First of all, let me begin by pointing out a change in our blog’s subtitle. As you can see, it now reads “and other postmarks” instead of “a yurt, a skirt, and a shirt.” We’re broadening the theme because we want to share our travel and other adventures with you, without redirecting you to new blogs. Plus there’s the other big news: we’re building a cabin. I know, I know. You’re thinking, “What pansies! They spend four months in Italy and now they can’t hack living in a yurt.”
Well, maybe. But we still love our Mongolian tent and we’ll be living here all summer, digging a well, planting another square-foot vegetable garden (hopefully to better effect this time), and overseeing the construction of our rustic-looking cabin a few meadows away. I don’t think we’ll lack for adventure and mishap, so we hope you’ll keep reading.
And now, on to Ireland, where we spent eight lovely days with Chris’s parents, touring the southern portion of the country. Despite the chilly, incessant wind, the rain, and even the hail, we were captivated by the Emerald Isle and its 50 shades of spring green. Our first stop was County Wicklow and the Powerscourt Estate. Having landed in Dublin that morning, we fought our jet lag with a long walk through the estate’s 250-year-old formal gardens and even climbed the Pepperpot Tower, said to have been modeled after a pepper pot on Lord Powerscourt’s dining table. I suppose that makes for a cute story, but it looked like a standard-issue medieval tower to me. After this small physical feat, our bodies were finished humoring us and we hit the hay within the hour.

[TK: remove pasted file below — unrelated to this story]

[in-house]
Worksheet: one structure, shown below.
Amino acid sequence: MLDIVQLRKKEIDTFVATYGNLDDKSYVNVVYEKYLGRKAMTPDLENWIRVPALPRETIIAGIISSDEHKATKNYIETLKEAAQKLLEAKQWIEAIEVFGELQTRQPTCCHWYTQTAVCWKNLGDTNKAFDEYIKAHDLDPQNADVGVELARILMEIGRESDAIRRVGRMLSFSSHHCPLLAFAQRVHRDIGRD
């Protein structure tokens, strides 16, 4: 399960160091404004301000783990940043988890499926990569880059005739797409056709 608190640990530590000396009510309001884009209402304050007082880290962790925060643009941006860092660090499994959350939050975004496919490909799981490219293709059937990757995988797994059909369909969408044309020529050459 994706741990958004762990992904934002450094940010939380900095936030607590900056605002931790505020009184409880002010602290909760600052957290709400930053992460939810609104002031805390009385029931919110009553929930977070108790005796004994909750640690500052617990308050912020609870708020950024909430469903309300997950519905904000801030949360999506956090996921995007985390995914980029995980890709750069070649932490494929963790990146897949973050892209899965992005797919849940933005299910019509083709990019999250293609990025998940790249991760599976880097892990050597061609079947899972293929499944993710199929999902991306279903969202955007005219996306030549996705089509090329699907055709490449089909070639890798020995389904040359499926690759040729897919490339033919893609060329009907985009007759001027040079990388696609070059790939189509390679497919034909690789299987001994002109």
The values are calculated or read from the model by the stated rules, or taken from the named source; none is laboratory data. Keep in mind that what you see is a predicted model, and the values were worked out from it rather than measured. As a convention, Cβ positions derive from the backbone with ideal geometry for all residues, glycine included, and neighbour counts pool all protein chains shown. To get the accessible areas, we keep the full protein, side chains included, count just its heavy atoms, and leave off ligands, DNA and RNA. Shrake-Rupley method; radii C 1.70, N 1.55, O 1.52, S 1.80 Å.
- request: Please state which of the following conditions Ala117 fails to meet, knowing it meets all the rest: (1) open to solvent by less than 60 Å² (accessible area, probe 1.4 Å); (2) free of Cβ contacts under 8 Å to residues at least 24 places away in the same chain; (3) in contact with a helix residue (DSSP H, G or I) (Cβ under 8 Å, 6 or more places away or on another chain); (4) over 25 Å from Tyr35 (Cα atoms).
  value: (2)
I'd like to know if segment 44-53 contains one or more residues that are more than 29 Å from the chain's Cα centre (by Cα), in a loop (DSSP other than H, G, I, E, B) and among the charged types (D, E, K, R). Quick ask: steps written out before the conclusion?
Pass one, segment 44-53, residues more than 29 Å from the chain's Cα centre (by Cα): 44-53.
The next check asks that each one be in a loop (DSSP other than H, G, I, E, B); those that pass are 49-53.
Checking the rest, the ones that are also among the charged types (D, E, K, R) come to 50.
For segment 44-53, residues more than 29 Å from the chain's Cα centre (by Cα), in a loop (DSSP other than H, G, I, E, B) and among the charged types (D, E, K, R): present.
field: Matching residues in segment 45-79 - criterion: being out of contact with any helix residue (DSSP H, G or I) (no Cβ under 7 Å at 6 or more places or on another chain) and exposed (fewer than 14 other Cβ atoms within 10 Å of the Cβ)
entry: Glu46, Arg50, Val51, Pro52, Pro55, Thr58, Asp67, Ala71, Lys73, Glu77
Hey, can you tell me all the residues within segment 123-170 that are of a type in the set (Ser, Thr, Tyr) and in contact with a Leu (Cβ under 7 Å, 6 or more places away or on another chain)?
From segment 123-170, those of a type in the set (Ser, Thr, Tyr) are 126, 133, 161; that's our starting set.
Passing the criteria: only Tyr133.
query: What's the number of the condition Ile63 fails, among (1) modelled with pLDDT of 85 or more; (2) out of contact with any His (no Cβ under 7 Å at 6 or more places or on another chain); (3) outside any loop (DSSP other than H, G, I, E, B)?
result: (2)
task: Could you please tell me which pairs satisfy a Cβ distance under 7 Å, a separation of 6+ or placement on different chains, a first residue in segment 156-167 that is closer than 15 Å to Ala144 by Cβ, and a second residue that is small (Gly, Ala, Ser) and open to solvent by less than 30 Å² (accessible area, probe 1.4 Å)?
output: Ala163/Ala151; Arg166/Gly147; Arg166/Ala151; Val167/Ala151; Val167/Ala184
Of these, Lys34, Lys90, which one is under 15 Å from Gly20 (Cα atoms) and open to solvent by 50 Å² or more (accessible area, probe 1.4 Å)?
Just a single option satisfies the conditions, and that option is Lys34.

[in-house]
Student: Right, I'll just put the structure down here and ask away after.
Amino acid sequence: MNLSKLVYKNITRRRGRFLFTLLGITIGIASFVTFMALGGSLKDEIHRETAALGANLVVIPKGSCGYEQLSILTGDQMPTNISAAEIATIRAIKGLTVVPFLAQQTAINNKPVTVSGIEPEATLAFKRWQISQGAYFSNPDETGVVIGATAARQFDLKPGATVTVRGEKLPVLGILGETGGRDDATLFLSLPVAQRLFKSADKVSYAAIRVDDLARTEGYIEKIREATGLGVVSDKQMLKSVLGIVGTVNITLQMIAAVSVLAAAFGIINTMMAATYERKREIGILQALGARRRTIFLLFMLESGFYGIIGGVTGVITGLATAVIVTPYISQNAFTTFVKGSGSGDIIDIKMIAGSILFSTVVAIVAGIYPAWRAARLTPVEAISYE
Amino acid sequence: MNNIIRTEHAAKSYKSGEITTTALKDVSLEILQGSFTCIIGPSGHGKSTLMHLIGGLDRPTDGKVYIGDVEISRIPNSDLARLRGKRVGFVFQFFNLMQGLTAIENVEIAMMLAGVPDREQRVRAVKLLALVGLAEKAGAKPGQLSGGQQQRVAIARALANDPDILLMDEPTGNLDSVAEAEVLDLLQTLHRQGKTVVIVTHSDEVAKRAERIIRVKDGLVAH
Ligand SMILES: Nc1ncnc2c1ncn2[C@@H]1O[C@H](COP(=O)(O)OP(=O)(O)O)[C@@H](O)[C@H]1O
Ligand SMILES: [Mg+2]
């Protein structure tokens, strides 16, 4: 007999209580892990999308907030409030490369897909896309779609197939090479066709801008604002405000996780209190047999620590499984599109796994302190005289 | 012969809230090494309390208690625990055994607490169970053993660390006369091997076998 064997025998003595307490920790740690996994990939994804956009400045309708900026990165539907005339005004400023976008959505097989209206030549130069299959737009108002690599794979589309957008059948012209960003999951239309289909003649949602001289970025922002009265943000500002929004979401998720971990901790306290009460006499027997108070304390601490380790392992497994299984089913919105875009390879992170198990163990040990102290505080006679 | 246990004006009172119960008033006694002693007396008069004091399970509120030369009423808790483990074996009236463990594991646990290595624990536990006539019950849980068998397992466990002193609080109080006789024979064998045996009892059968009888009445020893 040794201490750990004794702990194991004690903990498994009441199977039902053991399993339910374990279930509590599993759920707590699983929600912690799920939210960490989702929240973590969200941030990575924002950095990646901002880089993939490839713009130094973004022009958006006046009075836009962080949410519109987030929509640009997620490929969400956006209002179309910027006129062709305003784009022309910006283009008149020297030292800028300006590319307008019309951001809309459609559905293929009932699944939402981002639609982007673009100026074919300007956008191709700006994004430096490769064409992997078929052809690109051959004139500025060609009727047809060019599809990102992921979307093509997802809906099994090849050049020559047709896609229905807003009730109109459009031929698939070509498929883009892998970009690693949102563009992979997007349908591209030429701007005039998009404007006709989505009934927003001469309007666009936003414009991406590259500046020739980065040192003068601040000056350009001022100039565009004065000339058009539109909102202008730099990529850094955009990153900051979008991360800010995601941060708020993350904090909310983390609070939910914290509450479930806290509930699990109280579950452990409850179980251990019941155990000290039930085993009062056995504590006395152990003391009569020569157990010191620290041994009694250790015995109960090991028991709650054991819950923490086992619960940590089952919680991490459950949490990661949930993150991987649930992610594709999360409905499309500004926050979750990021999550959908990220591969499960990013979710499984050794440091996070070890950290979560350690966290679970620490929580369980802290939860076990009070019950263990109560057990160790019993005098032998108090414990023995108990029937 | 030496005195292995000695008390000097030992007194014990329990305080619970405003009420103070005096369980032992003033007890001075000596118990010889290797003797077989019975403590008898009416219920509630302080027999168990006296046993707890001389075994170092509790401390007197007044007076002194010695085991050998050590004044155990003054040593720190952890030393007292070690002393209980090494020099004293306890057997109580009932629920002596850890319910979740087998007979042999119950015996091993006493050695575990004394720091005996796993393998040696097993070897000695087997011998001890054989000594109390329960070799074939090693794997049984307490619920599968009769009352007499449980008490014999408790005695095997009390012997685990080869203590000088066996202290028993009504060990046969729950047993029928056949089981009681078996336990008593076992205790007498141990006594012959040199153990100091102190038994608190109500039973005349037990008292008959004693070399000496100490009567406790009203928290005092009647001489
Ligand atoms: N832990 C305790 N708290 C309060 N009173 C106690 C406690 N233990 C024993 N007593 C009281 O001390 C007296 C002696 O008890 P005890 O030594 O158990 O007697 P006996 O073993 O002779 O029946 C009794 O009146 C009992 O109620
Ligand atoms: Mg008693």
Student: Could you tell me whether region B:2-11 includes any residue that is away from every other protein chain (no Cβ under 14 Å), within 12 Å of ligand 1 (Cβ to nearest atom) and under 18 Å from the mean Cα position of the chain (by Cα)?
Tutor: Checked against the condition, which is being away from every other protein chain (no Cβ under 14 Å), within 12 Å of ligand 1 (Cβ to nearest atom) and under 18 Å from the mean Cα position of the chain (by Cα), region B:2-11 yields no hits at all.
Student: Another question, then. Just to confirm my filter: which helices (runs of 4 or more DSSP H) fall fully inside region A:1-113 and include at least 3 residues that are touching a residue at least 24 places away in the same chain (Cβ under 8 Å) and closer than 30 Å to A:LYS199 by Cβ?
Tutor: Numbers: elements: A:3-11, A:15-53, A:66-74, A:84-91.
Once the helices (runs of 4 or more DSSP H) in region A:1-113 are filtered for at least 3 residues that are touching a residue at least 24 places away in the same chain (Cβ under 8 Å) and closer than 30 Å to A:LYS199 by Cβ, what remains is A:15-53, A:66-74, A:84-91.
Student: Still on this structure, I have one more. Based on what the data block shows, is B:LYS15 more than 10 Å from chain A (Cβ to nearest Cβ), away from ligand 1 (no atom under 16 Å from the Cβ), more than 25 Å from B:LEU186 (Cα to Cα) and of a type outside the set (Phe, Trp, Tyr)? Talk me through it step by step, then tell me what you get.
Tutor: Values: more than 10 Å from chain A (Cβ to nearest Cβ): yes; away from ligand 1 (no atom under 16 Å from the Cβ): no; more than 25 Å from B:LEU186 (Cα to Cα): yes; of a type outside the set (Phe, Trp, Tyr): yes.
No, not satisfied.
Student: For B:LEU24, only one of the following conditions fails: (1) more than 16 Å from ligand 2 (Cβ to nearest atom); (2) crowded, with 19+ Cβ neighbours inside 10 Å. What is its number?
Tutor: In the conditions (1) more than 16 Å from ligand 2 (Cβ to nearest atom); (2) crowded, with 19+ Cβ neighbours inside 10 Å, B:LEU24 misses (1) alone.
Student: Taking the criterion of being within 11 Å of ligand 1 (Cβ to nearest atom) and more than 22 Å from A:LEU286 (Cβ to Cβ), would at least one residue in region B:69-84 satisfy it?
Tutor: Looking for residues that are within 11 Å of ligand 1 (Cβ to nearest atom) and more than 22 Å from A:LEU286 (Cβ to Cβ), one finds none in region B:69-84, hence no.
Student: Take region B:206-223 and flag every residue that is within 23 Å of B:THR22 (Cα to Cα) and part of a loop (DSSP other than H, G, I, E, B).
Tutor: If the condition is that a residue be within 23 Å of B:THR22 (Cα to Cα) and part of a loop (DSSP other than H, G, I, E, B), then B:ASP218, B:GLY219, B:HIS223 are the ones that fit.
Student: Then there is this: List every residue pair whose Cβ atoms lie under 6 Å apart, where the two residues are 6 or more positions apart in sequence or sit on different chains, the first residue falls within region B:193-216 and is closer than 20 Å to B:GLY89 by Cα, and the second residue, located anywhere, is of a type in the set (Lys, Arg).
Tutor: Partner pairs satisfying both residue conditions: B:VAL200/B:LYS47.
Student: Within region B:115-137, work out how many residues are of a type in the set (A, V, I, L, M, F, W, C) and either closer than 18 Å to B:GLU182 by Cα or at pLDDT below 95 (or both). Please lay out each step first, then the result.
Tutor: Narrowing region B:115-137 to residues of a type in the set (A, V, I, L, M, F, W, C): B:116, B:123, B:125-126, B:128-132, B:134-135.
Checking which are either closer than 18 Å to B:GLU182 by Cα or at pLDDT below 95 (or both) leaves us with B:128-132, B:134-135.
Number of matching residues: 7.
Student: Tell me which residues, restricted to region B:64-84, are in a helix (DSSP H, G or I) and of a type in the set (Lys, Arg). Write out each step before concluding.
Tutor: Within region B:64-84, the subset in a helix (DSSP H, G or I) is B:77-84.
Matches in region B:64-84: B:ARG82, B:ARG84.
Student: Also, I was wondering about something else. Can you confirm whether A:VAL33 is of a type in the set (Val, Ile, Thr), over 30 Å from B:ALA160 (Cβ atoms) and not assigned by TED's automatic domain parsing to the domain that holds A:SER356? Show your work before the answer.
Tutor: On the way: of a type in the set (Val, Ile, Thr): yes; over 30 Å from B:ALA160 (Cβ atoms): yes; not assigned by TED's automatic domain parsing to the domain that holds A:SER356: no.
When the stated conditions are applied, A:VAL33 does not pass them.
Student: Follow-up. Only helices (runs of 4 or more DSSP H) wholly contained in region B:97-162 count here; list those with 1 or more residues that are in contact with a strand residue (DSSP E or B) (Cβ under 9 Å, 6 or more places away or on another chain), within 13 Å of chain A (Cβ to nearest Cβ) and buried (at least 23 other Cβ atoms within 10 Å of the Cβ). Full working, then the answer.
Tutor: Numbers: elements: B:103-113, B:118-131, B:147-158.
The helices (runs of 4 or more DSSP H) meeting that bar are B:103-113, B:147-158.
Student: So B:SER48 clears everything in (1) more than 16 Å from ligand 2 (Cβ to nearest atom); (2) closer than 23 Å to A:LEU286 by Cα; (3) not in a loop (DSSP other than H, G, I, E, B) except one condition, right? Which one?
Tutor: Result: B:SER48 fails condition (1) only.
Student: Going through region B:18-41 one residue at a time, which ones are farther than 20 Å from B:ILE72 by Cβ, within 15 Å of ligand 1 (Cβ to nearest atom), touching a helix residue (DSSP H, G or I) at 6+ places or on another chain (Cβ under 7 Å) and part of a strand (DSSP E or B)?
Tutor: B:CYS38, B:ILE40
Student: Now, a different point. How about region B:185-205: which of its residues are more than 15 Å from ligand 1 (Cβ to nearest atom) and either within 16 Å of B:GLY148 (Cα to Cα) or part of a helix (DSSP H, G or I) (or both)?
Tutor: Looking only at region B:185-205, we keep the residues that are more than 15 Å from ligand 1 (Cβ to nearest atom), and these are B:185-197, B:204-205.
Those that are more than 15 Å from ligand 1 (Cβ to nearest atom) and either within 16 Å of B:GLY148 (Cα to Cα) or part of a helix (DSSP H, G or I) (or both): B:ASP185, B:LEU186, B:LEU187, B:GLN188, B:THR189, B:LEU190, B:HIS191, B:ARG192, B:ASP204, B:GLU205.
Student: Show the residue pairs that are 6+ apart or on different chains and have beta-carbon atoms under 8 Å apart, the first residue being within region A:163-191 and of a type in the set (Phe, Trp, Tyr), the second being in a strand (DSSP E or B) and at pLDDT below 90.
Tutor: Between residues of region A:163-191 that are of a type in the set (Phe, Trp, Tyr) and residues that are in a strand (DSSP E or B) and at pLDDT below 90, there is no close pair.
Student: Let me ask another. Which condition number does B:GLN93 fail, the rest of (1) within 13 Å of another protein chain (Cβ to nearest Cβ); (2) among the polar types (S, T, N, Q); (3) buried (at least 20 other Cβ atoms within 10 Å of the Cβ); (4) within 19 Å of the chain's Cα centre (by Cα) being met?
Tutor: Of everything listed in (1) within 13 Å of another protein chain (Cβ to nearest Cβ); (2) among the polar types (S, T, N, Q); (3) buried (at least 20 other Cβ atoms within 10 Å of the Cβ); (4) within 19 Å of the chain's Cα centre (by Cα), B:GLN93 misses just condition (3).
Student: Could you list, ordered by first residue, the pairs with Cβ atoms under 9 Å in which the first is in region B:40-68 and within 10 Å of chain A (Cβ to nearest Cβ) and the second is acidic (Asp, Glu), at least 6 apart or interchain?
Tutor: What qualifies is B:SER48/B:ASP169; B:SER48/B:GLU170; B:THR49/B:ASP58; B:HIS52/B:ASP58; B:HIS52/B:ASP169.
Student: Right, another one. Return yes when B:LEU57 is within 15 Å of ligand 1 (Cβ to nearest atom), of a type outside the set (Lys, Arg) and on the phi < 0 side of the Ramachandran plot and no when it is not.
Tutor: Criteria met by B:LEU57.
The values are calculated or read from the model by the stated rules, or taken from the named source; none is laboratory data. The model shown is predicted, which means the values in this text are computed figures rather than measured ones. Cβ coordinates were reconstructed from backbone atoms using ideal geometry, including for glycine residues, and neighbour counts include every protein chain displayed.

The next morning we set out on a drive through the countryside, a treacherous ordeal when the roads are wide enough for only one vehicle but meant for two, and you’re driving on the wrong side of the road, on the wrong side of the car. It’s hard to know just how much clearance one has between these one-horse-wagon roads and the hedge-lined rock walls next to them, so we made a few swipes just to be sure. If you’re wondering, it’s about two feet. But I don’t recommend this method of discovery. It’s quite expensive.
When we weren’t double-checking our paper map against the GPS (who sounded not unlike Marilyn Monroe singing “Happy Birthday” to President Kennedy), we took in the quintessential sites of Ireland from our car seats: gentle green hills sectioned off by neat hedgerows, and dotted with lambs so fuzzy, frolicky cute that I winced at their inclusion on the dinner menu later; a roiling sea that sparkled in the fleeting rays of sunshine; and a cavalcade of bushes with bright yellow flowers that hugged the roadside and crept across the land. When we stopped at Brittas Bay to get a closer look at this cheerful plant, and to touch the waters of the Irish Sea, we passed an old man trekking through the dunes, firmly gripping his woolen cap.